This summer, Metallica will embark on not only their first real U.S. tour in eight years, but their first in over a decade touring stadiums in North America. "I'm just excited about the fact that that's still possible to go out and play stadiums 36 years into a career and that people give a shit," drummer Lars Ulrich tells Rolling Stone. "It's going to be awesome."
Ulrich says that playing two one-off stadium gigs last year – at San Francisco's AT&T Park and Minneapolis' US Bank Stadium – showed the group that they could still draw larger venues in the U.S. as they tour in support of last year's Hardwired … to Self-Destruct. "It was like, 'Holy fuck, people really still care about this band in ways that you stopped taking for granted literally decades ago,'" he says. "It was very inspiring and kind of eye-opening.
"Full stadium runs can sometimes be a little intimidating," he continues. "There's all these things to worry about like, 'You should really try to play maybe only on the weekend,' and, 'Where do you play on Tuesday?' and some of those practicalities can get a little bewildering. We just threw caution to the wind. Doing a stadium run seemed like the perfect thing on the back of how well this record has been received and all the good will that's out there in Metallica's world right now."
Accordingly, the tour, dubbed WorldWired, will run from mid-May through mid-August and hit major cities the group has not played in close to a decade. (Tickets go on sale this week.) Avenged Sevenfold, Volbeat and Gojira will variously open the show at different dates, with Metallica ratcheting up their stage production.
"You want to make the shows into events," Ulrich says. "We've got a few things, obviously, that are tied into the record and a few different bits and tugs that's gonna make it fun."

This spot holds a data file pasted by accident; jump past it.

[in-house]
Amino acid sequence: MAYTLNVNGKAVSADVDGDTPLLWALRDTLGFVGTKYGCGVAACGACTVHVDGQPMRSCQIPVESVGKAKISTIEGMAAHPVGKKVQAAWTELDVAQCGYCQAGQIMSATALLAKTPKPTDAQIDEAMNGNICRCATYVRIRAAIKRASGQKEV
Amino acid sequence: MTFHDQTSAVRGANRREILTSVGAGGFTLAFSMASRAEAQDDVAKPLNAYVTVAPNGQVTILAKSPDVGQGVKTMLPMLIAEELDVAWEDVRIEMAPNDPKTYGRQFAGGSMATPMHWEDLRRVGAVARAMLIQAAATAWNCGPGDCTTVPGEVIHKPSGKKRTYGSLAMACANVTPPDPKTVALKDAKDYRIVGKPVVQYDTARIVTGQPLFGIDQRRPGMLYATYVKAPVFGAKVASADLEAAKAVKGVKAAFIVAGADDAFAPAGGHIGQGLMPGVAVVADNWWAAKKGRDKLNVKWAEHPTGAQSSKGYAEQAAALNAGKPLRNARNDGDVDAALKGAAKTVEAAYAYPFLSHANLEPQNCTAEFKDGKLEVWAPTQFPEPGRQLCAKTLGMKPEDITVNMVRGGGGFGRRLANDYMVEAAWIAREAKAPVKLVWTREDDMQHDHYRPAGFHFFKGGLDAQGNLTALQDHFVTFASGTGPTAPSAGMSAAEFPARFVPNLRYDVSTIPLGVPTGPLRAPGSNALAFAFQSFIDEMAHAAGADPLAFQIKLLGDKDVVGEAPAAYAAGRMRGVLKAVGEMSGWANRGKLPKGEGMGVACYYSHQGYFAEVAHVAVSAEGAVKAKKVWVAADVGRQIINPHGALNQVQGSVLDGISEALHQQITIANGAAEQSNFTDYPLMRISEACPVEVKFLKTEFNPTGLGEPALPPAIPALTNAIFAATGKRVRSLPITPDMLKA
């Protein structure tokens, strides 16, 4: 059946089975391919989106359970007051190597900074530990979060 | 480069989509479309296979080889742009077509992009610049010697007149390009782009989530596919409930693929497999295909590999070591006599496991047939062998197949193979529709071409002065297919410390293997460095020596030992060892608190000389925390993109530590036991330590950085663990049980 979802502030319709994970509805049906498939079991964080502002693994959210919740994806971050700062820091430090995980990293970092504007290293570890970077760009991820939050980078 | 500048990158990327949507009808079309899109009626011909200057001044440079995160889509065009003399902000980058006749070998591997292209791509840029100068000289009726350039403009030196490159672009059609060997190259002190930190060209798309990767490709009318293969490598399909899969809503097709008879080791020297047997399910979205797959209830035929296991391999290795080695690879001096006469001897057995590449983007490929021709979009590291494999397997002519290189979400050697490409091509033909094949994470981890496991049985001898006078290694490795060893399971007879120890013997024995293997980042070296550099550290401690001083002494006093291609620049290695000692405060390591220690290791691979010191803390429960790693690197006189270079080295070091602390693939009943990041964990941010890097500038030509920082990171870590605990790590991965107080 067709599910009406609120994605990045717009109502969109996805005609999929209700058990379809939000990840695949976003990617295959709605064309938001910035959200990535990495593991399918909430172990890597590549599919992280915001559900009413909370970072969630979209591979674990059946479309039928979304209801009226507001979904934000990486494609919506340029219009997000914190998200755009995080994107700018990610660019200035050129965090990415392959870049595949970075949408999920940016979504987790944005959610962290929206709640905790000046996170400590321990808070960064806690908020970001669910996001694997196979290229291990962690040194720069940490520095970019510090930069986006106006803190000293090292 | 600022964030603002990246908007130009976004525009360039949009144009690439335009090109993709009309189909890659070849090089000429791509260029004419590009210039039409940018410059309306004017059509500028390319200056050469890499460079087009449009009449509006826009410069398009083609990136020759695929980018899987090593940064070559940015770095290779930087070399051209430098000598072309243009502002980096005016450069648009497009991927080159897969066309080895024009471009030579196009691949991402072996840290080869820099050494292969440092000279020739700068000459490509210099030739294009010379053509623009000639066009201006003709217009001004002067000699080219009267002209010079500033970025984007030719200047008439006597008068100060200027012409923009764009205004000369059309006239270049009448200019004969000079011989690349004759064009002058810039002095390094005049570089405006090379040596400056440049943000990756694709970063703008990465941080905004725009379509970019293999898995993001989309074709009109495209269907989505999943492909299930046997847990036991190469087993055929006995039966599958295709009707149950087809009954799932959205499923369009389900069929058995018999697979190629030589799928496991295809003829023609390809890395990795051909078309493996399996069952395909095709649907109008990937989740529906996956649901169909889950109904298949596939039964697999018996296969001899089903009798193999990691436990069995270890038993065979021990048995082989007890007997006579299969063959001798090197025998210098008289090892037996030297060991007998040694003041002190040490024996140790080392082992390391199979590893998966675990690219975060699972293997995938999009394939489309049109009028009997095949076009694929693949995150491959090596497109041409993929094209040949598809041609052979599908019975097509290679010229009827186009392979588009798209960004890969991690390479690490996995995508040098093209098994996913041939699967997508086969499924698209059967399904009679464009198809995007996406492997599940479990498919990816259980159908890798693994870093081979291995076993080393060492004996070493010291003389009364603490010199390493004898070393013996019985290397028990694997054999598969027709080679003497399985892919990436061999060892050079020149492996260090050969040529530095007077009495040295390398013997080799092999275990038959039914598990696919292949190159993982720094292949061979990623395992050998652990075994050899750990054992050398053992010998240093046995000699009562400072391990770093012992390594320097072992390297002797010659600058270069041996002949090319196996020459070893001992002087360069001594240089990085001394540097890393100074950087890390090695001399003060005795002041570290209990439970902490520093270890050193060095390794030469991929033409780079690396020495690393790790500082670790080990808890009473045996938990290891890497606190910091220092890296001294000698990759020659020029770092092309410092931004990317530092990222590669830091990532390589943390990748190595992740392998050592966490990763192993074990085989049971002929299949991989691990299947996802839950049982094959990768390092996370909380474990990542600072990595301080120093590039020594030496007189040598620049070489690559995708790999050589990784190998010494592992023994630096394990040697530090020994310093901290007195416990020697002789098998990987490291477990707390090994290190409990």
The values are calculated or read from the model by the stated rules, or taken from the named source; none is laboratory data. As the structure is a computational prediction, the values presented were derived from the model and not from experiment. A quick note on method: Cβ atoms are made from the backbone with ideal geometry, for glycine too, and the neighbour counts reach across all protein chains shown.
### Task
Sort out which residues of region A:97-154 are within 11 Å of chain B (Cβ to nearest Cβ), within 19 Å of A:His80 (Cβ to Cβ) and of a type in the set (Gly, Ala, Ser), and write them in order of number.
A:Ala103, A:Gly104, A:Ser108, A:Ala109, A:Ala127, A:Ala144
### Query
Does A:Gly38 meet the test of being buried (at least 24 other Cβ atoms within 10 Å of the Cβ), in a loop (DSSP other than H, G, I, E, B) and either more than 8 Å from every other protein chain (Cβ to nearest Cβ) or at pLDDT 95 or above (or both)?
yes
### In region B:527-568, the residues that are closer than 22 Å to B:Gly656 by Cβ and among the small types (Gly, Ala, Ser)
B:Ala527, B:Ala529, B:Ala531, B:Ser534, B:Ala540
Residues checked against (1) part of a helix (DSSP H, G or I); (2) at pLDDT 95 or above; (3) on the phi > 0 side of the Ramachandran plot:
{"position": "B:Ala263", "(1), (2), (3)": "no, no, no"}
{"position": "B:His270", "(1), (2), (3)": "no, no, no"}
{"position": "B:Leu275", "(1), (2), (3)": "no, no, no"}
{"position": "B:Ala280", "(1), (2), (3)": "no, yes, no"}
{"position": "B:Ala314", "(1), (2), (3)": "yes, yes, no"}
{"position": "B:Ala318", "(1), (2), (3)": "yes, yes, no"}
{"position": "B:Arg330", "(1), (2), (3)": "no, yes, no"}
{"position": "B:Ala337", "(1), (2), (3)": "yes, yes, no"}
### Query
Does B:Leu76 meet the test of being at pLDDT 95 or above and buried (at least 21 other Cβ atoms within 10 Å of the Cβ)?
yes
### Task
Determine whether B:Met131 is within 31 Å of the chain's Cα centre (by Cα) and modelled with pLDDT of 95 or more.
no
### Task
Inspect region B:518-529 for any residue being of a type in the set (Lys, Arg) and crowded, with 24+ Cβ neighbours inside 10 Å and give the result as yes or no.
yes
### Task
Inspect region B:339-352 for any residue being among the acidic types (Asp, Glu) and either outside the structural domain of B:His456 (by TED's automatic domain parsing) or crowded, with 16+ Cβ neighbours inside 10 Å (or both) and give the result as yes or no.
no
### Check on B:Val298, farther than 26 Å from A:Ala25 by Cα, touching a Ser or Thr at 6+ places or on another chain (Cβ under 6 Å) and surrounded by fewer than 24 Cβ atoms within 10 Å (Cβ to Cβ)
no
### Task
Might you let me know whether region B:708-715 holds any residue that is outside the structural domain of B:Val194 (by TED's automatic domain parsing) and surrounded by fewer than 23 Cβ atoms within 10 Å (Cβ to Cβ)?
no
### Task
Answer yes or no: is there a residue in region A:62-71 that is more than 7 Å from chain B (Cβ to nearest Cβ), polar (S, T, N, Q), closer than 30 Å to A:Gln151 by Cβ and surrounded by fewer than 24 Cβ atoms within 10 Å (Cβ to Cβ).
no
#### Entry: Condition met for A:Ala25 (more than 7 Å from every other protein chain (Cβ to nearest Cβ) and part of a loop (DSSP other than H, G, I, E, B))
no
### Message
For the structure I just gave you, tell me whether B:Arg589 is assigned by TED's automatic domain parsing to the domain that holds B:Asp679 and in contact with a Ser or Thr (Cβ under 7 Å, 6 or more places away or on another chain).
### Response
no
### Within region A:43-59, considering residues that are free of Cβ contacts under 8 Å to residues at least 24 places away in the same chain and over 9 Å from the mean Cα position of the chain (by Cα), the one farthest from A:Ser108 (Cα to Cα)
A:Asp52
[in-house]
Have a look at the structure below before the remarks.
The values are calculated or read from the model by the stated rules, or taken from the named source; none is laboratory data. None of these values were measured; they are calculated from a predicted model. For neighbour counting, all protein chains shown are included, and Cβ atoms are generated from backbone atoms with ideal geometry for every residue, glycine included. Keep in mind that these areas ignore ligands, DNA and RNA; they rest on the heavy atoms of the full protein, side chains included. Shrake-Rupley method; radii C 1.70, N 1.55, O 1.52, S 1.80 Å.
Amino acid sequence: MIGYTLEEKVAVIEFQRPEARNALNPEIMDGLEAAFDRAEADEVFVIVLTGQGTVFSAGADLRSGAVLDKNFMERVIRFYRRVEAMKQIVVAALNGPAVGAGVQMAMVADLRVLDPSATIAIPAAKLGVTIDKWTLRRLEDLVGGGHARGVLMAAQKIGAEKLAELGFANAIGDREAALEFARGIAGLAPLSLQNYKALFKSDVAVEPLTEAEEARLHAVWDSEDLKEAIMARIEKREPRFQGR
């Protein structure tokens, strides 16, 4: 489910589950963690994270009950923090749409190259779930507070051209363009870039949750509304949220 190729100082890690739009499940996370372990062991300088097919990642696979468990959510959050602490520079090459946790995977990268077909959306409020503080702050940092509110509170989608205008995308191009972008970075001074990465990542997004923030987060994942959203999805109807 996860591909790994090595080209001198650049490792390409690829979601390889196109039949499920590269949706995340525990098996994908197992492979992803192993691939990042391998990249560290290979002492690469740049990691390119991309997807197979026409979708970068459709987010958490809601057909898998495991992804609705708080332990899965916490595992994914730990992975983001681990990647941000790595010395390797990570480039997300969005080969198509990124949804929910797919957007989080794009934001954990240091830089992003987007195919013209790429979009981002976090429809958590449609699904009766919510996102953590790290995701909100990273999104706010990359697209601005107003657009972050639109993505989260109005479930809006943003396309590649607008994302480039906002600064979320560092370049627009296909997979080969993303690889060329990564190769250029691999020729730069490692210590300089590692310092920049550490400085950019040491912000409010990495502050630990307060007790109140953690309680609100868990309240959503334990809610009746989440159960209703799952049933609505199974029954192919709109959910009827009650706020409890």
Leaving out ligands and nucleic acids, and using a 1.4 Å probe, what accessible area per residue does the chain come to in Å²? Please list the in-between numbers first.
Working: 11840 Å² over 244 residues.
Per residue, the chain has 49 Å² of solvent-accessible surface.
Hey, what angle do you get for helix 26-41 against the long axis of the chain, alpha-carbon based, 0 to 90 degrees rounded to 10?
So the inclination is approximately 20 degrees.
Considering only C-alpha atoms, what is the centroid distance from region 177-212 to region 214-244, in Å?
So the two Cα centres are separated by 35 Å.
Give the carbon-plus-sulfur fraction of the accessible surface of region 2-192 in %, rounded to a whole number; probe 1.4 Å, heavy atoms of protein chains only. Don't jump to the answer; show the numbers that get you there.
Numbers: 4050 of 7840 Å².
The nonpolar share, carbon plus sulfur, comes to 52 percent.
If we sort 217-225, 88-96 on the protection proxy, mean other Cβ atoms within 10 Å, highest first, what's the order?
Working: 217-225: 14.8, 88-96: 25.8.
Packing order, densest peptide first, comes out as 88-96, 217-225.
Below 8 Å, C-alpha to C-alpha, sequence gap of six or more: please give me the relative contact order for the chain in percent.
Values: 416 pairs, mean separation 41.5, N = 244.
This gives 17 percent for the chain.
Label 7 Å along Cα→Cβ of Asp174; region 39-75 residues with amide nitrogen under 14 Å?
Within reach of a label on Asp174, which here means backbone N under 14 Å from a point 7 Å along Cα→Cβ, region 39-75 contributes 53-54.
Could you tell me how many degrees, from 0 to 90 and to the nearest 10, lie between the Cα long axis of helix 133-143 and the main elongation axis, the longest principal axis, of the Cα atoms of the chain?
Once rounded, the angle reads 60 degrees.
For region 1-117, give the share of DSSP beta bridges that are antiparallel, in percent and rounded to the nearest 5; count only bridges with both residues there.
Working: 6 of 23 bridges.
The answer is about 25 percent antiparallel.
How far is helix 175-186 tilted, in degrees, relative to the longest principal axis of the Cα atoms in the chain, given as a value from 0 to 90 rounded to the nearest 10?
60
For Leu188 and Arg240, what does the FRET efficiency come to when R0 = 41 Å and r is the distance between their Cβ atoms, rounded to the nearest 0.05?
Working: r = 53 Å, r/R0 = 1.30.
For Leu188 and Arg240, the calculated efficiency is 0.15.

"We've got a couple of things up our sleeves," he continues. "I don't want to give it all away, but we're playing a few stadium shows in Mexico in about two weeks' time, and we're gonna be using what we did up in Minneapolis as the springboard. It's about size and spectacle, but there's a little bit of a minimalist approach to it."
What he will say about the group's production is that the band is "very exposed." It will feature special staging beyond "someone plopping a stadium stage at the end of a stadium."
"It's big and it's just fucking crazy and overwhelming and there are a few bells and whistles that are gonna make it unique," Ulrich says.
The band's "Memory Remains" memorabilia exhibit that debuted at the group's Orion festivals earlier this decade will also return. The drummer says it contains "lots of clothing, old instruments, lyric sheets, all kinds of memorabilia and knick-knacks" from throughout Metallica's nearly four-decade career. It's so monumental to him that when he visited the exhibit at the group's recent concert in Copenhagen, he beamed at how detailed and thorough it was. "Being the biggest Metallica fan in the world, [I] loved it, and I didn't even get a chance to penetrate it full-on," he says.
Asked what his favorite items are in the exhibit, he points to a white leather jacket he wore around the time the group made the Black Album and his spandex pants from the Eighties and Nineties. "I'm not sure they were ever actually washed," he says with a big laugh. "That's why they're behind extra thick glass. It's not because of a perceived higher value, but because we don't want any of our friends and guests in the exhibit to pass out from the fumes."
Metallica mapped out the North American dates of their 2017 WorldWired Tour, which will hit stadiums and festival stages this summer.